March 27, 2012.
Zhang Hongbing was 16 when he denounced his mother for criticising Chairman Mao. Now Zhang wants to make amends
They beat her, bound her and led her from home. She knelt before the crowds as they denounced her. Then they loaded her on to a truck, drove her to the outskirts of town and shot her.
Fang Zhongmou's execution for political crimes during the Cultural Revolution was commonplace in its brutality but more shocking to outsiders in one regard: her accusers were her husband and their 16-year-old child.
More than four decades on, Fang's son is seeking to atone by telling her story and calling for the preservation of her grave in their home town of Guzhen, central Anhui province, as a cultural relic.
Fang's plot is already hemmed in by buildings and a wall is rising behind it. Nearby streets are stacked with window frames, tiles and pallets of wood. Without official recognition, fears Zhang Hongbing, his mother's grave and story could soon be swept away – part of a wider, shadowed past that is fast disappearing.
"My mother, father and I were all devoured by the Cultural Revolution," said Zhang, 60, who is now a lawyer. "[It] was a catastrophe suffered by the Chinese nation. We must remember this painful historical lesson and never let it happen again."
Read the rest here.
*****Comment: I am deeply saddened by this tragic re-telling of events that took place under the so called Cultural Revolution in China.
If you have been reading here long enough you will know that I am a great believer in the purpose of confronting the past as a means of deriving a sense or reason for coming to terms. Some may call such a confrontation a purposeful journey toward a truth or even a means of balancing.
Whatever it may mean to individuals, communities, even nations, confronting the past is not a panacea and the expectation of redemption and/or forgiveness should not be a central goal or even an expectation.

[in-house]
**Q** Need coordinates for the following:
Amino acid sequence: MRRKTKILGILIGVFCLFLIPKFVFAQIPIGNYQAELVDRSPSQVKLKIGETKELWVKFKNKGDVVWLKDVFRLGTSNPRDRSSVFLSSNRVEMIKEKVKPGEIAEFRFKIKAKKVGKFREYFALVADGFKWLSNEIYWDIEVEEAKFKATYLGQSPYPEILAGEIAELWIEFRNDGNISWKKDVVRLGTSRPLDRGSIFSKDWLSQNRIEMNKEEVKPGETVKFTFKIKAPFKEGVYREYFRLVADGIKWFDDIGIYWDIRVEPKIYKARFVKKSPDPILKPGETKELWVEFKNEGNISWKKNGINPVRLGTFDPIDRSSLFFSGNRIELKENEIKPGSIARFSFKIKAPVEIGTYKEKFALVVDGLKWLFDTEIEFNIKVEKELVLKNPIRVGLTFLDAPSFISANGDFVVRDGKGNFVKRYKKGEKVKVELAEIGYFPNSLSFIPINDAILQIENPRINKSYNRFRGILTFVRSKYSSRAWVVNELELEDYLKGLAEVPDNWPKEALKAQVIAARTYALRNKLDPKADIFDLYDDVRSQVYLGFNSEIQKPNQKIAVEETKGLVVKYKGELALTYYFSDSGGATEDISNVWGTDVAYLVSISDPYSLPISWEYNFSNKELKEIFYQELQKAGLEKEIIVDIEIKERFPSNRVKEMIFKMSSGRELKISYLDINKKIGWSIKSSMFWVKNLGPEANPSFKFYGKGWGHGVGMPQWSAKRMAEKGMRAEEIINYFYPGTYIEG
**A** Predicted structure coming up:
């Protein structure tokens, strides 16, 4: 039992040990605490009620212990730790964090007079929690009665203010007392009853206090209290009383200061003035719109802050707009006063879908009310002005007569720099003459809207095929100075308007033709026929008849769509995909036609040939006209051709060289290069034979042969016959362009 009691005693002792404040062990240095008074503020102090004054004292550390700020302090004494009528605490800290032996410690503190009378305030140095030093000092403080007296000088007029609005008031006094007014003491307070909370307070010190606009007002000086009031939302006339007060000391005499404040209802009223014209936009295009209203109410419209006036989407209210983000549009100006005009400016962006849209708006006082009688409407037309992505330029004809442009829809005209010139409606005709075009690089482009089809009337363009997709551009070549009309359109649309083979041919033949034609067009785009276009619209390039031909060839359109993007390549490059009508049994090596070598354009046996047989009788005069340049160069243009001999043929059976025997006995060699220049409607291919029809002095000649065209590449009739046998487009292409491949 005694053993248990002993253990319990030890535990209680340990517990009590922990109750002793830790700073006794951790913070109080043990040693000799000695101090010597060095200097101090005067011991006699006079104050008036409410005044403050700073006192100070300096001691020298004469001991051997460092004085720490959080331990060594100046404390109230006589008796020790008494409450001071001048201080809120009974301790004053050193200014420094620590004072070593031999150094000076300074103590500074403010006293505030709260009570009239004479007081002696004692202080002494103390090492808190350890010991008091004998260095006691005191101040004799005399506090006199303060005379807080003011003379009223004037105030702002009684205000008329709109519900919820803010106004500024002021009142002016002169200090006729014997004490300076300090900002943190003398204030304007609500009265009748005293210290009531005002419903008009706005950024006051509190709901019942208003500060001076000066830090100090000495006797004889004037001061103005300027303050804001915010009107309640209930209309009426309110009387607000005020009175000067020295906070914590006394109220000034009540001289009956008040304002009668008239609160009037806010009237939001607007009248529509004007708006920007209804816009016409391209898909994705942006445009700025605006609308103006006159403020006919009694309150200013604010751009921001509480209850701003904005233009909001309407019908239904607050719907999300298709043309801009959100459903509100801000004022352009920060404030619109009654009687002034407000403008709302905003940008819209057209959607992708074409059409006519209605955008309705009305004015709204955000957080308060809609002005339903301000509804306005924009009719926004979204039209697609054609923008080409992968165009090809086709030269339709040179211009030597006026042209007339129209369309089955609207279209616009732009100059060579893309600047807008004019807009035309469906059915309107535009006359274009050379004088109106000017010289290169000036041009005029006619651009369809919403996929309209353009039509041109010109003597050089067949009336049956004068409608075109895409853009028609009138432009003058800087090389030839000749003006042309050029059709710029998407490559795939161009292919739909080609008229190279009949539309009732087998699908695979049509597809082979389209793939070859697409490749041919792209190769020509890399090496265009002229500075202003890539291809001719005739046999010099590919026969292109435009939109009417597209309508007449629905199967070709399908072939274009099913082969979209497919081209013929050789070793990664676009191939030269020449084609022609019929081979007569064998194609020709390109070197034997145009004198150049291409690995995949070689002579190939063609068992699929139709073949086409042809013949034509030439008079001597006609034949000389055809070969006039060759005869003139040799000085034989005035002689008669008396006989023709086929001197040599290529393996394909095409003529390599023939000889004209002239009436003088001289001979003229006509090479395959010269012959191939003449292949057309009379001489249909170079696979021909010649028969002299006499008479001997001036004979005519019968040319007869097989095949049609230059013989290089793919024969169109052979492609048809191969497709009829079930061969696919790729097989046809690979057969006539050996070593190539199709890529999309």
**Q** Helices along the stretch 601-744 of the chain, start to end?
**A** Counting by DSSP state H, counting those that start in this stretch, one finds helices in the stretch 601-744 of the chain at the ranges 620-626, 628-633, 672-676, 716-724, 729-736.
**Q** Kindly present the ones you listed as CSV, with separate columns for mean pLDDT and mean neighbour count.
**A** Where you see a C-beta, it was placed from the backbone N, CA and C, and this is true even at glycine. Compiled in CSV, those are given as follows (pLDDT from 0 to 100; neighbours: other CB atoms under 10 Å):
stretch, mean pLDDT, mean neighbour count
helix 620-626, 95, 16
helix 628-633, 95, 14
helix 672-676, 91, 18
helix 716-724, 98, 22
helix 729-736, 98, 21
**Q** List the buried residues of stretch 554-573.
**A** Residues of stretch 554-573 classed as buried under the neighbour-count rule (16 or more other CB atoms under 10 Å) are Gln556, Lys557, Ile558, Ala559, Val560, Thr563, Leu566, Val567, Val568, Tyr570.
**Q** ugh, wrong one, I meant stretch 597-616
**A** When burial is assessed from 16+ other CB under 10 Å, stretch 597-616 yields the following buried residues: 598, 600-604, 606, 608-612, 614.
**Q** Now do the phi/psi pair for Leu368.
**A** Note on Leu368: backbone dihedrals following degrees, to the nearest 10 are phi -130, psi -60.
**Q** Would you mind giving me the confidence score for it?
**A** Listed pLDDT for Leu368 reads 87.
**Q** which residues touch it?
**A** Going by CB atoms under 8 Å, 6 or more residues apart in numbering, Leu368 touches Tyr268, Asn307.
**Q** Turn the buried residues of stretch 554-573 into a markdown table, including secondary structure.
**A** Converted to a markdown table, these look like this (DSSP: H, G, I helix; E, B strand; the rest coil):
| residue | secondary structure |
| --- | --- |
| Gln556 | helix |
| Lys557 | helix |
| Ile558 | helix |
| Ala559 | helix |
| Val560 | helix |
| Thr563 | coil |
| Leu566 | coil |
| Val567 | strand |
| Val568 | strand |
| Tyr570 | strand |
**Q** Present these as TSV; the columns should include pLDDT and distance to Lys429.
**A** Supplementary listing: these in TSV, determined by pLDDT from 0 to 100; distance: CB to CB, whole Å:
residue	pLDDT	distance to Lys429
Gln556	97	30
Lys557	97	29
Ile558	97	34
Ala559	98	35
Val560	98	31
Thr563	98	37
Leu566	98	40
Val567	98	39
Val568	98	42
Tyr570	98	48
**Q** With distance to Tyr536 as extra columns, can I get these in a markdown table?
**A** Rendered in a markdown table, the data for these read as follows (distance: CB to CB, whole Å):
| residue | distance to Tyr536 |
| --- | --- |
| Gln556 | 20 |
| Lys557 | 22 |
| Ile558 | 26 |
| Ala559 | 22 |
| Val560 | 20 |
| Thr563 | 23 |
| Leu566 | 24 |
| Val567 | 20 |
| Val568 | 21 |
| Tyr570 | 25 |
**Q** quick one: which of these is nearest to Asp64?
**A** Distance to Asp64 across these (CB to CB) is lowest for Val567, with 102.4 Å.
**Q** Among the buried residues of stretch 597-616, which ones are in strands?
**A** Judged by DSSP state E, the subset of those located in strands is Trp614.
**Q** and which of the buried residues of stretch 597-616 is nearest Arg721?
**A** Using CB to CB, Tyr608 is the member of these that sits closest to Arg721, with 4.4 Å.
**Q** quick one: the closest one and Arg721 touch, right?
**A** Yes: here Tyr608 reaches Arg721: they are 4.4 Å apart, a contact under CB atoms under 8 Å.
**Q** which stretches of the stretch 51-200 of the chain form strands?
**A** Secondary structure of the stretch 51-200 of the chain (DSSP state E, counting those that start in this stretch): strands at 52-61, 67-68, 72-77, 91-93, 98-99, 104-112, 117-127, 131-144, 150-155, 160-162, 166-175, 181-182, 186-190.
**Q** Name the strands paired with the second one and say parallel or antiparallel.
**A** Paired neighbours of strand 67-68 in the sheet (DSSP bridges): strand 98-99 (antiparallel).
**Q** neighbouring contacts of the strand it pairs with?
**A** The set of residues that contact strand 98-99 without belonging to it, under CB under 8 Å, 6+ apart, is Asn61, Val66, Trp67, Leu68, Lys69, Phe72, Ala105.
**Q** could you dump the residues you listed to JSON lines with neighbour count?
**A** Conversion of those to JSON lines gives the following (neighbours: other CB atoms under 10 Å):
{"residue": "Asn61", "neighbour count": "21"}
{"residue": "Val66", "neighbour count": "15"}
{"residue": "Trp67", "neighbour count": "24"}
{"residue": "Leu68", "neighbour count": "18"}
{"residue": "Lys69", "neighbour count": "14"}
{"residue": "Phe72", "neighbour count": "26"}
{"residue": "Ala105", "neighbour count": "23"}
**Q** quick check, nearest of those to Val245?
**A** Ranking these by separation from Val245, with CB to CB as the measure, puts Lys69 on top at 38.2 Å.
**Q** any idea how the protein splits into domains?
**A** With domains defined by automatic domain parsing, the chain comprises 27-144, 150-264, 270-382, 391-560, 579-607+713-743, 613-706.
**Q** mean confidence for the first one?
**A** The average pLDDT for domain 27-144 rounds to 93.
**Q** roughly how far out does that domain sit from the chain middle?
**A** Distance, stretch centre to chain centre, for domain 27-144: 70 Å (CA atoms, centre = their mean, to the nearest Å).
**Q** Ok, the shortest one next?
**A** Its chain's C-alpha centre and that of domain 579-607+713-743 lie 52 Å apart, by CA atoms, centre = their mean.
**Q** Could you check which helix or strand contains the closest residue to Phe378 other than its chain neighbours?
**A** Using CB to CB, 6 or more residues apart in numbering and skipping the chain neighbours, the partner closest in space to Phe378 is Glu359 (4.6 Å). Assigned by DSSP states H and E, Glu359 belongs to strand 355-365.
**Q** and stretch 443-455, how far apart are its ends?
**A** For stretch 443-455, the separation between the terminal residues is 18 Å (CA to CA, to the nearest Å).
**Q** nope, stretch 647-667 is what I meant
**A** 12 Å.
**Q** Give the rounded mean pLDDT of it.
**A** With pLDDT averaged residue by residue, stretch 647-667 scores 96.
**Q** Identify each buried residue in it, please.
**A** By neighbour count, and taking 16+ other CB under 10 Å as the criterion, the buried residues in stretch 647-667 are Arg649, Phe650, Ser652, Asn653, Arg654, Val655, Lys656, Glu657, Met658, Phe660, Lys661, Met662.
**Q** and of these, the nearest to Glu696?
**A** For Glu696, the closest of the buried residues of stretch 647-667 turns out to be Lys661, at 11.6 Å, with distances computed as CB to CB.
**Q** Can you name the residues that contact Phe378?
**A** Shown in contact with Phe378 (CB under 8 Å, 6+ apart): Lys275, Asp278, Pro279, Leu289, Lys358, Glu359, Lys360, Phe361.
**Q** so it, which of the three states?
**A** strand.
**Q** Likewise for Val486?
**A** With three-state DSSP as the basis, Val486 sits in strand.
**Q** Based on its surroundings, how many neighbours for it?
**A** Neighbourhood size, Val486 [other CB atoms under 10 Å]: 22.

Zhang Hongbing was just a boy when he joined his father and condemned his mother for her resistance to Chairman Mao. She was a brave woman and her resistance admirable. In effect she died for what she believed and her stand was not in vain.
The fact that she was condemned by her closest is significant to the personal context here but it is incidental to the tragedy at a national level.
I have read that thousands more suffered the same fate. Keep in mind that Mao purged China of anyone even remotely resistant to his political interests.
People acquiesced and they were indoctrinated to act in ways which run counter to the more humanitarian impulse to live and let live. See this Guardian article on artist Xu Weixin for more discussion on the intricacies of this point.
For Zhang Hongbin the confrontation is no doubt a recognition of the indoctrination that led him and his father to condemn his mother. But it is no doubt a hollow or incomplete recognition because it offers no release.
It is perhaps for this reason that he is so adamant to hold onto the space where she is buried. He does not want his mother to be swallowed up in death as she was in life - and in both cases by the state and its unbalanced politics.
It is here where he is likely to find the most meaning and reason toward coming to terms. In death he is defending his mother and he is doing so as a man who is now 60 and fully aware of the imbalance that led her to an untimely death.
It will not be easy and there is no guarantee that he will reach any meaningful compromise with his past.
The circumstances of this story are gut wrenching and tragic. Most of us will never know what turmoil runs through the being of Zhang Hongbin.
For this reason it is necessary to think carefully about the content and character of his confrontation before layering moral or other judgments because none of us can escape the challenge of living and making sense of life and its too often ugly circumstances.
In the many years that I have devoted to studying the purpose of confronting the past I have come to recognize that being human is an incomplete and frail condition at best and, therefore, the struggle to make sense of life never ceases and even extends beyond death.
Zhang Hongbin is struggling to raise the memory of his mother above the brutal politics that condemned her for not just being another indoctrinated follower.
In these terms his confrontation is about him and his inner turmoil but it is also mostly about his mother and her heroic resistance, her dignity and, consequently, her vindication.
Like Zhang Hongbin, we would do well to learn from his mother.